How Governments Solve Problems

This is hilarious, all the more so because the actors involved have absolutely no self-awareness of just how bad this looks

This week alone has seen a ratings downgrade for Spain as well as a threat by agencies to review France's AAA status -- and the markets have taken notice. Once again, it would seem, ratings agencies are making things difficult for European countries.

Now, the European Union is considering doing something about it.

European Internal Market Commissioner Michel Barnier is considering a move to ban the agencies from publishing outlook reports on EU countries entangled in a crisis, according to a report in Thursday's issue of the Financial Times Deutschlandnewspaper

This is not even a content neutral ban on speech - it obviously will only be applied to bad reports, not positive ones.  No wonder Obama has always been so admiring of the Europeans.


  1. Bryan:

    Good lord. Lets leave asside the free speach moral aspect of that proposal and just focus on the practical problem of dealing with the financial crisis.

    Why would someone think that bringing less transparancy and more ambiguity to a situation like that is in any way helpful?

  2. LoneSnark:

    If you ban bad news, then bad rumors will be accepted as news.

  3. Don:

    OK, so if they issue a dictate that the bond rating agencies cannot issue ratings on country X, then we can all simply assume that country X has a 0 bond rating, dump their cash and bonds, and run away.

    The effect will be essentially the same as "mark-to-market" had on the large mortgage-backed investors/lenders (e.g. Country-wide), i.e. the country will go broke literally over night.

    Good idea. Anybody want to bid against my $20 for the Parthanon?

  4. Ted Rado:

    I am patiently waiting for politicians ANYWHERE to get something right. Their collective motto is "What can we screw up today?". If they tried to do the right thing rather than fritter away money buying votes we wouldn't be in this mess. It's enough to convert on into an anarchist. No government may well be an improvement over what we have (joking).

  5. Val:

    "Why would someone think that bringing less transparancy and more ambiguity to a situation like that is in any way helpful?"

    They aren't. All of this is to buy time before the public panics. Best case scenario they envision is to blunt the really, really bad outcomes sufficiently to preserve their status quo. Worst case scenario still provides enough time for the major players to execute their exit strategies. In any case, it gives those major players time to reposition to take advantage of the anticipated market turns and other economic activity. That's it.

  6. MJ:

    Don nailed it. I'm curious as to why these folks believe that investors will be less trusting of the bond rating agencies than of government finance ministers who actively censor bad news about the status of their debt.

  7. ben:

    Less hilarious, more terrifying, methinks.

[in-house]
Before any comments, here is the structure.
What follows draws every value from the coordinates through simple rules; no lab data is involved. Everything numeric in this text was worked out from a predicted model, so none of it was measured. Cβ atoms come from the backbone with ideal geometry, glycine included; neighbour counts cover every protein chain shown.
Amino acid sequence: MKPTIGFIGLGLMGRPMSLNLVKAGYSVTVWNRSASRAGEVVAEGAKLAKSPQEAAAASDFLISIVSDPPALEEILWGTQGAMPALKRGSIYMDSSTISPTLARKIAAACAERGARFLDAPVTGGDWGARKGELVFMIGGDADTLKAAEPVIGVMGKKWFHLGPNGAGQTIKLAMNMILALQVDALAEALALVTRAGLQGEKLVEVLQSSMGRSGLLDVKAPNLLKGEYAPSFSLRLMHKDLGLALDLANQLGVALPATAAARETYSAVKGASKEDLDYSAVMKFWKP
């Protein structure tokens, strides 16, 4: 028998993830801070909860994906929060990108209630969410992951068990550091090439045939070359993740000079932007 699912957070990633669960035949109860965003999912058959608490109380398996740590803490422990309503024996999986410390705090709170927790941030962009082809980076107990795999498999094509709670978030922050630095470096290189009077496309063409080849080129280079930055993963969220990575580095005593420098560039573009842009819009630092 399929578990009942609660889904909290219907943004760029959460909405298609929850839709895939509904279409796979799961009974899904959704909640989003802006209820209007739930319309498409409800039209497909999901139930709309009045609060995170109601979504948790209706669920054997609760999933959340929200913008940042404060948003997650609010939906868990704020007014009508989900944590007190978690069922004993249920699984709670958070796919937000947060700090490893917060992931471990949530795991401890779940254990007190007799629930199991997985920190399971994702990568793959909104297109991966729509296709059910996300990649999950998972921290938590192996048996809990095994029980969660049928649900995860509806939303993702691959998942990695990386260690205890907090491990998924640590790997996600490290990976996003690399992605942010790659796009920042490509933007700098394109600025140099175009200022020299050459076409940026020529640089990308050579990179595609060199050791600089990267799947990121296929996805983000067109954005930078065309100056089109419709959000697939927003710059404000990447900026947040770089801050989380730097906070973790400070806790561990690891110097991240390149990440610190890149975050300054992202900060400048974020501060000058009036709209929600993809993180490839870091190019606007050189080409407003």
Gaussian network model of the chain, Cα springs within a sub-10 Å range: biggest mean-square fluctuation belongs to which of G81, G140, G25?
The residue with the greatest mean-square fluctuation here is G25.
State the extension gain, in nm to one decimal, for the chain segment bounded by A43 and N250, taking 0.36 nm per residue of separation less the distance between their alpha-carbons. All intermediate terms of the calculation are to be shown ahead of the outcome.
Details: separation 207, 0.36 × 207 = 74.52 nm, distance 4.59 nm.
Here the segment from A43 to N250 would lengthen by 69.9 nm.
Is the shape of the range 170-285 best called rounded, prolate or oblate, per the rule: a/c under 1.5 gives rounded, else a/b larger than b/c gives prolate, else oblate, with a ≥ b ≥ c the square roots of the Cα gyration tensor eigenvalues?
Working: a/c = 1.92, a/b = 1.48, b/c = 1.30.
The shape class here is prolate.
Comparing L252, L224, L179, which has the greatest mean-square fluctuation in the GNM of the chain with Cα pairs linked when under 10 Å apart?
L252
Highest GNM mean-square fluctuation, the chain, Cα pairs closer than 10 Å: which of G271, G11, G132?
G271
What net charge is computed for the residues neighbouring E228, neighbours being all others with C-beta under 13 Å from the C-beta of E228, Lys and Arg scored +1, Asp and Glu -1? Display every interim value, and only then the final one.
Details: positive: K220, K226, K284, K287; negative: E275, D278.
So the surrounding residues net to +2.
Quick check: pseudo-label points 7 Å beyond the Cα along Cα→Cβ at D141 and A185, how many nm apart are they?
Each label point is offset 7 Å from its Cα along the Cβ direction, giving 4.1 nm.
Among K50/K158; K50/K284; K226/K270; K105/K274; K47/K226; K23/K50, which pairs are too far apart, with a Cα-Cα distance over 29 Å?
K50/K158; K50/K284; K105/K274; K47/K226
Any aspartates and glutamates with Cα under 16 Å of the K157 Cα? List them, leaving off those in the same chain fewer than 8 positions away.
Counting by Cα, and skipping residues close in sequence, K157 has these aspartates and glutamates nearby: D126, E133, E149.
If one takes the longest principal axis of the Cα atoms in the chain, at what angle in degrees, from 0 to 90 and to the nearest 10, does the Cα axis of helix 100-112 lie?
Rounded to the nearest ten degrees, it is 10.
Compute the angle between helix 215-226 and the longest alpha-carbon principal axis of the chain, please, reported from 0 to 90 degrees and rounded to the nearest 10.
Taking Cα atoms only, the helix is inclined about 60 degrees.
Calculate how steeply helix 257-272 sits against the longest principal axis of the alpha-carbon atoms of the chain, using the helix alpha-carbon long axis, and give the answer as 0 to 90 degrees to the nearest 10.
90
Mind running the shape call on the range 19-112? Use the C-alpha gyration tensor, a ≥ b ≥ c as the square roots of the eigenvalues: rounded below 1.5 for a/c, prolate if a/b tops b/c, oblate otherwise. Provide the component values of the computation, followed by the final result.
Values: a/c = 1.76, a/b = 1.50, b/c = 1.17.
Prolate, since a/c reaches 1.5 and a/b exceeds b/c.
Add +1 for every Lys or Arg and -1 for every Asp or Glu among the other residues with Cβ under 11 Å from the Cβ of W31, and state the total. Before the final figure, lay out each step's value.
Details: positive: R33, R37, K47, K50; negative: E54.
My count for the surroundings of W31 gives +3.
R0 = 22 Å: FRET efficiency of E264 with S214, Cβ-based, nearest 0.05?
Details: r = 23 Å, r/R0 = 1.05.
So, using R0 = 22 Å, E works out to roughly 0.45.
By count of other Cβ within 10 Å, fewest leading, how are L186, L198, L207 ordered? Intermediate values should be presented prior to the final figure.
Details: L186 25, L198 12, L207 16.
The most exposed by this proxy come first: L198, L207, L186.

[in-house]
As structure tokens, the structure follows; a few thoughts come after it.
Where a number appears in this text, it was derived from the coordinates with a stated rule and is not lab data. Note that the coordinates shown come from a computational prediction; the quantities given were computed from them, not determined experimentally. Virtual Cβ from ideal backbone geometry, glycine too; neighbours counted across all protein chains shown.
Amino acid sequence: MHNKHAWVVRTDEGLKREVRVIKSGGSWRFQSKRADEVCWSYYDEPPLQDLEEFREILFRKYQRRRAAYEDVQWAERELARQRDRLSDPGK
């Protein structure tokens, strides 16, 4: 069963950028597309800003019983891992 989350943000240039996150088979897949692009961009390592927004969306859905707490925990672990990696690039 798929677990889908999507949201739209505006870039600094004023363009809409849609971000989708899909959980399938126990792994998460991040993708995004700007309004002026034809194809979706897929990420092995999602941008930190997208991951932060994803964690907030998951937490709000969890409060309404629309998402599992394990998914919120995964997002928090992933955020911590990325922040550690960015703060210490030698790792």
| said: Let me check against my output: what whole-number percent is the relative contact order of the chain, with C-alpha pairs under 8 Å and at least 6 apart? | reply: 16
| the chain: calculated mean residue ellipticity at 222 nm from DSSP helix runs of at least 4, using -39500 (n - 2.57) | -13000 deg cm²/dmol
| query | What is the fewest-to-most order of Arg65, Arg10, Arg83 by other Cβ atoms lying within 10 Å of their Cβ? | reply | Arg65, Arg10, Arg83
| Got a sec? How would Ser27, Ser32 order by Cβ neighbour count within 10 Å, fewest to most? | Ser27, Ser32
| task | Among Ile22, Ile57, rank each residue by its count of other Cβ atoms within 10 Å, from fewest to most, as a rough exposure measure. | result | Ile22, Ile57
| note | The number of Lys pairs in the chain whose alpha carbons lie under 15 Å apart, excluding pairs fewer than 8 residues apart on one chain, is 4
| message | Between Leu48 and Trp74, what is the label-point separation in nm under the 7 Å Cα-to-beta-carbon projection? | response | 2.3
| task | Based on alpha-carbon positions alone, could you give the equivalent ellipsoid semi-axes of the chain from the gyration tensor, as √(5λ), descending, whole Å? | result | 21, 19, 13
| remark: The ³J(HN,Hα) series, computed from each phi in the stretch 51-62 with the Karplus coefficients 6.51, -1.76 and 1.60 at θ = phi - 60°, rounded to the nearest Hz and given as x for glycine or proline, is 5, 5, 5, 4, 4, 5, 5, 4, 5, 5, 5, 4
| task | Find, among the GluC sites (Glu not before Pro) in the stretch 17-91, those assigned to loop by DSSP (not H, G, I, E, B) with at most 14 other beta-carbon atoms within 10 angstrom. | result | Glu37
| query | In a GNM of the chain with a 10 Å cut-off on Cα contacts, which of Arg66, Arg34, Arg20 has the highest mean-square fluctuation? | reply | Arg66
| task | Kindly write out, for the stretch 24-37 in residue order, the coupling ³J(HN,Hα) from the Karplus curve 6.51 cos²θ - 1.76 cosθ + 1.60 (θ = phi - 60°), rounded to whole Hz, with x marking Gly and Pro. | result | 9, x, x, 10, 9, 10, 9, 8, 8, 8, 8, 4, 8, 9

8. BobW:

    It is unclear just how the ministers propose to effect a ban on U.S. based rating agencies. They can provide pressure in the form of hassling the local european ofices of the agencies. But in the long run they will recognize that native issuers of debt need the ratings of the agencies to market debt.

  9. Hasdrubal:

    So, how would this work with capital requirements? Banks are required to hold AAA rated bonds, if they can't get a rating for, say, Spain's bonds they can't buy them (to satisfy capital requirements, at least.) So wouldn't this put some decent downward pressure on the demand for bonds, driving yields up, before the rating agencies even took a look at them?

    And I presume they will enforce the gag order on US based firms by not allowing those firms to do business in the EU if they don't follow the rules.

  10. blokeinfrance:

    My favourite Michel Barnier story:
    When he was minister of agriculture, the french fishermen (another heavily subsidised industry) were protesting about fuel prices and blockading the ports.
    Barnier was sent down from Paris to negotiate (i.e. surrender) which he did to the best of his very limited ability.
    Sadly he couldn't do the business because Paris found out that french fishermen pay VAT at 5% (which they deduct as a business expense - i.e. they get it back) and 0% petroleum tax.
    So no capitulation possible. Barnier went back to Paris, the fishermen gave up about a week later.
    Just a glimpse of what you're dealing with here.

  11. John David Galt:

    The treaty that formed the Euro did not just create the "stability pact" (with which I don't think any member country has ever completely complied) -- it also included an absolute ban on bailing out any country that got in trouble.

    Now that even that agreement has proven to be absolutely toothless, anything is possible. Maybe we should start a betting pool on how long it will be before the euro, or even the EU itself, dissolves and is replaced by protectionism. My guess is it will happen before the end of 2013.